Russia’s attempt to induce artificial rain over Crimea fails
After Russia’s annexation of Crimea, the peninsula’s water supply became a serious problem, especially during the dry seasons. This year, many artificial freshwater reservoirs have dried out in Crimea, and in many reservoirs water levels decreased to 37%. Many city administrations have introduced an hourly water supply schedules for the residents.
To solve the problem of fresh water, the Russian authorities decided to resort to artificially increasing precipitation from the clouds. The Russian authorities have concluded a 25.5 million rubles contract for dispersing silver iodide in the skies over Crimea until mid-December this year. According to Russian experts, in this way it is possible to double the amount of precipitation.
According to the Interfax news agency, a plane of Russian Federal Service for Hydrometeorology and Environmental Monitoring, which has a special laboratory on board, has already arrived in the peninsula. However, experts have not found a single suitable cloud, which can be affected by the reagent.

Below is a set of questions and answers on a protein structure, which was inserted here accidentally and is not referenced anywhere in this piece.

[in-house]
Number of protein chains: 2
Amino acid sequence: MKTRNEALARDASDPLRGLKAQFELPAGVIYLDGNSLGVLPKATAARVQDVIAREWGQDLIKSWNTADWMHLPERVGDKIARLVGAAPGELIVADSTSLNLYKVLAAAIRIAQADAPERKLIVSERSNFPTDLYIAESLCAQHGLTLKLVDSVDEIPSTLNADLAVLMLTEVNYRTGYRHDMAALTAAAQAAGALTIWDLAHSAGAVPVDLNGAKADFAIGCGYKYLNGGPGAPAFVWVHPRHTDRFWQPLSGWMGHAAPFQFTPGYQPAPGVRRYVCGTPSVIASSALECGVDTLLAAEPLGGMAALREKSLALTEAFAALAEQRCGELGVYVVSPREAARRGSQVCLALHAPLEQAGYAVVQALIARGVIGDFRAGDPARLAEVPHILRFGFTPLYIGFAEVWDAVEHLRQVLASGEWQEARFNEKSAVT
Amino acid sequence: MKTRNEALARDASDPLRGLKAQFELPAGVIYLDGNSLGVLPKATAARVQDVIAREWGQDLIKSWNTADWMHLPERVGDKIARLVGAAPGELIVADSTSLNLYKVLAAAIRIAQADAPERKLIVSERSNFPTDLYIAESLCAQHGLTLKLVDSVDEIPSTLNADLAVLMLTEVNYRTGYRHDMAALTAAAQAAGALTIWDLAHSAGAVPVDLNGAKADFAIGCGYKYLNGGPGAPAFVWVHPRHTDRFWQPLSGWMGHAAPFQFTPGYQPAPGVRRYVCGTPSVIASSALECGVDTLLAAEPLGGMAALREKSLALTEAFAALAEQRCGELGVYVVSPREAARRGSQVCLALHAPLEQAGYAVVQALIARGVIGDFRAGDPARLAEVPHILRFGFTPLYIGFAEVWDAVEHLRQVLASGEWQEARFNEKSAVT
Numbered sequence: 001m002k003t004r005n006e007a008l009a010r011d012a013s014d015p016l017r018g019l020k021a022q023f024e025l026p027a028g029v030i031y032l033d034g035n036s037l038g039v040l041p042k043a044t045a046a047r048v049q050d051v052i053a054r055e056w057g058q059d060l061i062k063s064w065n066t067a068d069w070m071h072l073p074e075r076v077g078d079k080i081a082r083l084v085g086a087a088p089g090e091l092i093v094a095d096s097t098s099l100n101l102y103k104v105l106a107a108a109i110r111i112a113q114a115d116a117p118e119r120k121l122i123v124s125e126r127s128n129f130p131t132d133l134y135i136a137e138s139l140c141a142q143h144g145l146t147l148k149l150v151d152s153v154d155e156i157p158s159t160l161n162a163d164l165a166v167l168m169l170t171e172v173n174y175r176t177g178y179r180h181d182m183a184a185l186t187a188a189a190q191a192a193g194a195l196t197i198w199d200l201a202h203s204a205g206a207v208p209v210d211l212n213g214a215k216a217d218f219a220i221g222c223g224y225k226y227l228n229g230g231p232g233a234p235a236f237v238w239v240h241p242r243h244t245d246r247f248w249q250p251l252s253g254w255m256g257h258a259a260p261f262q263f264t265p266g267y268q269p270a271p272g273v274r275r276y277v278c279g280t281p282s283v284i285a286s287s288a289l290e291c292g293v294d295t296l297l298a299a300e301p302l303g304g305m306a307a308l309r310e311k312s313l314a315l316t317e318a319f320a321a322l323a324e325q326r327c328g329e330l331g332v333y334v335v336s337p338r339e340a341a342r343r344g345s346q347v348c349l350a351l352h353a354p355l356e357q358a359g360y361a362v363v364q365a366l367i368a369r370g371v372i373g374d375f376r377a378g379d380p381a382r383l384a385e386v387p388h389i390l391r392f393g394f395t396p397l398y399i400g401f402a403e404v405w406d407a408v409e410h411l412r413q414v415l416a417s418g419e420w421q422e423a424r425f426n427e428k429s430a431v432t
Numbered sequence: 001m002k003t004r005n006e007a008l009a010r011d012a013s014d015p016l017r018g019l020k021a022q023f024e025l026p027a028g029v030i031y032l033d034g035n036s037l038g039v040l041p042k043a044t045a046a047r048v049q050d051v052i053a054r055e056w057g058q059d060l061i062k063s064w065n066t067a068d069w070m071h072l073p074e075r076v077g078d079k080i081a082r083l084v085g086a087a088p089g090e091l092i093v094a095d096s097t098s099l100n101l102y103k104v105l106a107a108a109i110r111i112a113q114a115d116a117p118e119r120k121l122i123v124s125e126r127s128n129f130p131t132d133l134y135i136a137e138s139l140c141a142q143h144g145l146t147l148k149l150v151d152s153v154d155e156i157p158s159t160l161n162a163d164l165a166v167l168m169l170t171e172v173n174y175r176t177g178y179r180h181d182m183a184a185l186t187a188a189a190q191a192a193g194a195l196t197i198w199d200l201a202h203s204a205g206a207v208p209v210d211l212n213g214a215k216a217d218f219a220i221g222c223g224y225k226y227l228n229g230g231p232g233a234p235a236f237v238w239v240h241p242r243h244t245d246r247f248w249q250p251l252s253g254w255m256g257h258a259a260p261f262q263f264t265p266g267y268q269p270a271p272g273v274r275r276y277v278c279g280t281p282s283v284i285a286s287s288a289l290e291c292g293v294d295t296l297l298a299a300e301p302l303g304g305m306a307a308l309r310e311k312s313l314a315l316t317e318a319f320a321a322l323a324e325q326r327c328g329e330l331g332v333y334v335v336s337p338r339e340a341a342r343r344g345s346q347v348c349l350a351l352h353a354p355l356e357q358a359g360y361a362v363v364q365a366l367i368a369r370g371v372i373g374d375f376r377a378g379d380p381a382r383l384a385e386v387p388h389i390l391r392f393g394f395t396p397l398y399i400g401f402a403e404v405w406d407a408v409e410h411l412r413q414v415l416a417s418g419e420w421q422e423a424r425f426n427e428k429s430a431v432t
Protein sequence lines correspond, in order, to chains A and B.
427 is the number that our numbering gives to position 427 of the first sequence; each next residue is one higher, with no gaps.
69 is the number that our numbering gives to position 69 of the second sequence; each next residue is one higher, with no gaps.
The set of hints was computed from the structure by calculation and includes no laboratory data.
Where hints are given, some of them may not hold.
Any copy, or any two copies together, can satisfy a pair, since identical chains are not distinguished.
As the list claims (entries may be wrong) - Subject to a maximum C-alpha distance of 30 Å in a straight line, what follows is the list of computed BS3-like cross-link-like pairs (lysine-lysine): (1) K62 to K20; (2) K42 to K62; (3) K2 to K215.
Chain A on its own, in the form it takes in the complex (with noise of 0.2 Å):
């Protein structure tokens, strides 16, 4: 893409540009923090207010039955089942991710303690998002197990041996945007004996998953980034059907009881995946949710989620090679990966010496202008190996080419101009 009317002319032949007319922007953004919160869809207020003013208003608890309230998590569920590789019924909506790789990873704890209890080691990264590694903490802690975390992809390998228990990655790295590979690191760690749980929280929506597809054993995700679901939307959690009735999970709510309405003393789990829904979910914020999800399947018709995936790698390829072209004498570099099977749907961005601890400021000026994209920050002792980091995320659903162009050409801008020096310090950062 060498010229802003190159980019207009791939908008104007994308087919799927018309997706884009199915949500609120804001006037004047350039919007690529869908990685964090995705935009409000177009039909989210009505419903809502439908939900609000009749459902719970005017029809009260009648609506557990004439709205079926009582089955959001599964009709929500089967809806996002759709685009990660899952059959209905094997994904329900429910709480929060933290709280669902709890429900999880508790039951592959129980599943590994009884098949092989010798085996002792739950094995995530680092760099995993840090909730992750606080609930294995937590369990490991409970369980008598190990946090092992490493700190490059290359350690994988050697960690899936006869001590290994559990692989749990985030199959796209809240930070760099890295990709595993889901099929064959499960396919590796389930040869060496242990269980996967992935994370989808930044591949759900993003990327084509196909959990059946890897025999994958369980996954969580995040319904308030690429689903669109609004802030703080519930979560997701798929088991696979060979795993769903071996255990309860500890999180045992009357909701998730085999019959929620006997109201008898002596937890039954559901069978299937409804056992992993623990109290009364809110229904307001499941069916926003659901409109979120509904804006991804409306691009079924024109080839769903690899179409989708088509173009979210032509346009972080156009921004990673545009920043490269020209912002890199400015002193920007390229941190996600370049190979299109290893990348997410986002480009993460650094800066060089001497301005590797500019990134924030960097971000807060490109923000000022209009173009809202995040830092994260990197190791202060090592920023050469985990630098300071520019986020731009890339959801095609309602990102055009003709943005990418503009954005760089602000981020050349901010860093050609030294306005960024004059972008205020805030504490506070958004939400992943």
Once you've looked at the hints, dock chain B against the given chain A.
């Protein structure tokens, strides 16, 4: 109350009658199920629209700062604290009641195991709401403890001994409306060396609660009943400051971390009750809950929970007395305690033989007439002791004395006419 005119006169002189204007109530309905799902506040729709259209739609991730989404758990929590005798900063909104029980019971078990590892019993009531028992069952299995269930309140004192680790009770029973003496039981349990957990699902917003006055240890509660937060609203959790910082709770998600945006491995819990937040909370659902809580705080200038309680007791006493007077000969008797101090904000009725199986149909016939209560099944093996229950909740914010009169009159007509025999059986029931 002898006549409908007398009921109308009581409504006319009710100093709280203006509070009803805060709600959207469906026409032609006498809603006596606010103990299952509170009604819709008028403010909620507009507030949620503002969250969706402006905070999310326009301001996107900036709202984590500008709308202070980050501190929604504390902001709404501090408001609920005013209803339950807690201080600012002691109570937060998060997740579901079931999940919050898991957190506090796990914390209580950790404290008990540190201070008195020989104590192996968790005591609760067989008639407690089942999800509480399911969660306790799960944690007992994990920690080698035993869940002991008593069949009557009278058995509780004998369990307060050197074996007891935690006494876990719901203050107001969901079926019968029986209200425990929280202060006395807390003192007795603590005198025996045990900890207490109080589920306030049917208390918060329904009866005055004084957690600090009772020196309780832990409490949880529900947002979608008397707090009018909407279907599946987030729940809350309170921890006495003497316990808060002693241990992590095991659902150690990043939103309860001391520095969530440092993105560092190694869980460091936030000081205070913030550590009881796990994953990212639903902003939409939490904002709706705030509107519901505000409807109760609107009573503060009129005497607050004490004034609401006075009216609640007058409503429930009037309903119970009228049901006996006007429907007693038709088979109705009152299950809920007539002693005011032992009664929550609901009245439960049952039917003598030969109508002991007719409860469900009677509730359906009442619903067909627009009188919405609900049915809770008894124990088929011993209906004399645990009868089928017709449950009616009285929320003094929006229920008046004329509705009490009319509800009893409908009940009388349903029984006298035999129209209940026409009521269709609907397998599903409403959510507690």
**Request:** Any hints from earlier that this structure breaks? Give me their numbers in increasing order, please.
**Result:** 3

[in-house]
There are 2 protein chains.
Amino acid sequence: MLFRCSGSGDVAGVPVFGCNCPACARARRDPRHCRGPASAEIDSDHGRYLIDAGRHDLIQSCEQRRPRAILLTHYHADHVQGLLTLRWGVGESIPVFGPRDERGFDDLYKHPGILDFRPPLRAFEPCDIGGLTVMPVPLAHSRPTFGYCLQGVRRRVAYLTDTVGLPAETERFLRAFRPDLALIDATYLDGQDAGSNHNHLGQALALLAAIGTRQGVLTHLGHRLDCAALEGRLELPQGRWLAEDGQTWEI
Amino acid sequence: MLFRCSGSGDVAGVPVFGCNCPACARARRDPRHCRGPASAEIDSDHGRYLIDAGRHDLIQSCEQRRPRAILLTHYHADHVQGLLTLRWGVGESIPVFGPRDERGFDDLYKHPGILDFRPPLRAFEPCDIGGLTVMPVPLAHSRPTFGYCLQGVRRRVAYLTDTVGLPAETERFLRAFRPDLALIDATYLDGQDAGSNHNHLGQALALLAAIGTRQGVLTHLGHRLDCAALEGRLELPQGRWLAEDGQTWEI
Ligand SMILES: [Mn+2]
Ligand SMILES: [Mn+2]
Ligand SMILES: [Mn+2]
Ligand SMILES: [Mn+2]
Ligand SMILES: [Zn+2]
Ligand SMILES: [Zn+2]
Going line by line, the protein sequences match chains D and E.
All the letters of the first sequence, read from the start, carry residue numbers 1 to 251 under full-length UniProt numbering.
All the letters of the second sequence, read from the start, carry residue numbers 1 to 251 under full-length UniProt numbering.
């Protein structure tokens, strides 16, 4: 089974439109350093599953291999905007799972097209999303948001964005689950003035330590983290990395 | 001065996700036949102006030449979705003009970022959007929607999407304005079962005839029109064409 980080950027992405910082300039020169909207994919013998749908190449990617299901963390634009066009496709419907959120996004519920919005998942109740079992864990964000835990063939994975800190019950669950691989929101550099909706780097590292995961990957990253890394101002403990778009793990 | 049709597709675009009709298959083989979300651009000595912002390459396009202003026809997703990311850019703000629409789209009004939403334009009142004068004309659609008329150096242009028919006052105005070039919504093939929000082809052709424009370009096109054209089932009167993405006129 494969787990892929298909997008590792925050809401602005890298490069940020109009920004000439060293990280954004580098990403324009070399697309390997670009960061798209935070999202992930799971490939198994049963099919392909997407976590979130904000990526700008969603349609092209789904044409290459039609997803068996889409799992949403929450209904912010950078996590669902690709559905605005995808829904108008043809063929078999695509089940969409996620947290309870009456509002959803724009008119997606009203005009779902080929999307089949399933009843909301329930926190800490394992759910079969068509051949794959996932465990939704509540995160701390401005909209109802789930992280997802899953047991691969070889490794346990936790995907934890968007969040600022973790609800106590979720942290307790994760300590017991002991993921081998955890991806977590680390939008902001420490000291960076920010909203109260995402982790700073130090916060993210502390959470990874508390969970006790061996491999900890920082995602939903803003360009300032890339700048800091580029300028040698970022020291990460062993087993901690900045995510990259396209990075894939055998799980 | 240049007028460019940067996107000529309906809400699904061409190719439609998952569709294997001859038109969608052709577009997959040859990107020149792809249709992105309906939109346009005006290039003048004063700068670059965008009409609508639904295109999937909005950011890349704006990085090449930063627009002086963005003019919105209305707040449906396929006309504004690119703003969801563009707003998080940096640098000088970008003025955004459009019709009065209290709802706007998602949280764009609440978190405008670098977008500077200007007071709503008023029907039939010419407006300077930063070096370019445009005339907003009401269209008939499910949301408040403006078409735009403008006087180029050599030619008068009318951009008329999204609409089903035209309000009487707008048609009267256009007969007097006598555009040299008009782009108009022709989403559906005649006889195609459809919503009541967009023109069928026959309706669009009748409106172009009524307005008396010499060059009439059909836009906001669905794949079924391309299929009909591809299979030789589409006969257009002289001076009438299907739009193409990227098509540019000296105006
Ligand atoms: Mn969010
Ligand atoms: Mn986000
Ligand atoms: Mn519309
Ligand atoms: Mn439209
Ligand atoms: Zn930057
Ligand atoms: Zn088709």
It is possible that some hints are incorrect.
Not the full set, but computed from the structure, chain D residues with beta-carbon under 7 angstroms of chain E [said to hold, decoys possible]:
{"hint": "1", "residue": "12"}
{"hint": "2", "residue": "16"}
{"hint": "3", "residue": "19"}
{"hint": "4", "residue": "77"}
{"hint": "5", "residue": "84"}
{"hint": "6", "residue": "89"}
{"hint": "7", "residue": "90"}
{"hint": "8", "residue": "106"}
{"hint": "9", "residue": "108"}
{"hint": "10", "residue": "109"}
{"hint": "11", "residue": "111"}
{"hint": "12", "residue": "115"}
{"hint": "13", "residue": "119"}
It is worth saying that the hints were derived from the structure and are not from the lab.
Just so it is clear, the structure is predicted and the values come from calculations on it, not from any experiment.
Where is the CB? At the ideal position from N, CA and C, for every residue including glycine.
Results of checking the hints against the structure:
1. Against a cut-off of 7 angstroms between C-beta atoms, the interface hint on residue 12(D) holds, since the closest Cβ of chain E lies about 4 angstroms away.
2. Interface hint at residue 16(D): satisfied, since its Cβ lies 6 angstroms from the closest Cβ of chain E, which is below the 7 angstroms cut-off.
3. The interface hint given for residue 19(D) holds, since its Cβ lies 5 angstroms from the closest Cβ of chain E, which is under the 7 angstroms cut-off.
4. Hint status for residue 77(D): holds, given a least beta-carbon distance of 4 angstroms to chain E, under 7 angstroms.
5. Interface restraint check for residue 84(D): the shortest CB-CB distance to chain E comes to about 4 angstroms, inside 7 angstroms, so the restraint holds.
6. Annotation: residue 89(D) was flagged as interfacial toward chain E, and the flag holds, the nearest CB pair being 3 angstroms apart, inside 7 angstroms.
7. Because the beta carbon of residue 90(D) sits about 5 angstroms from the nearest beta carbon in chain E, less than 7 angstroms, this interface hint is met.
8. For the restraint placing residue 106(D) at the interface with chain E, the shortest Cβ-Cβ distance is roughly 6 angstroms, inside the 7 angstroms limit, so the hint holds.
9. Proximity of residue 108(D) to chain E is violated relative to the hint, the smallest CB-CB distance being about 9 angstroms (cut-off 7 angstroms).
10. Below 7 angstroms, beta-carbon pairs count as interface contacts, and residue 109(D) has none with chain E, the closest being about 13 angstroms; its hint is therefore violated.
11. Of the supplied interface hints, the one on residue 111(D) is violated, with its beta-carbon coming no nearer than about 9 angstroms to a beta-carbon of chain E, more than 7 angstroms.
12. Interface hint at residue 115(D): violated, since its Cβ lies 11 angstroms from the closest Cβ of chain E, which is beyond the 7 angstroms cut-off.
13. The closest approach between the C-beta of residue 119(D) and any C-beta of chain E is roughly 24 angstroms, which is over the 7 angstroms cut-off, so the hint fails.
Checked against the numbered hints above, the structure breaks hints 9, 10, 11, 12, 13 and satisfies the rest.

“We work with clouds, but they are not all suitable – there must be certain parameters. I want to say, the situation is extraordinary. There are very few abnormal weather conditions – there are very few suitable clouds,” Bagrat Danelian, head of the Center for Cloud Physics and Active Impacts at the Central Aerological Observatory, told reporters.
According to him, meteorologists have been watching the clouds in Crimea since September 10, and only now there are a small number of clouds which can be used. It is not yet possible to assess the result of the first flights, analysis is required.
While the center’s employees analyzed the clouds, a storm warning was issued in Crimea. Nature took the matters in its own hands.
Ukraine used to provide up to 85% of Crimea’s fresh water through the North-Crimean Canal, which connects the Dnieper River with the peninsula. After Russia’s annexation of Crimea in 2014, water supplies to the peninsula were cut off.
Water reserves in Crimea are replenished from reservoirs of natural runoff and underground sources. According to ecologists, the excessive use of water from natural sources has led to the salinization of the soil on the peninsula. Crimean authorities regularly call on the residents of the peninsula to save water.
The Permanent Mission of the President of Ukraine in Crimea reported that the supply of water to Russia-annexed Crimea and Sevastopol via the North Crimean Canal is possible only after the “de-occupation of the peninsula”.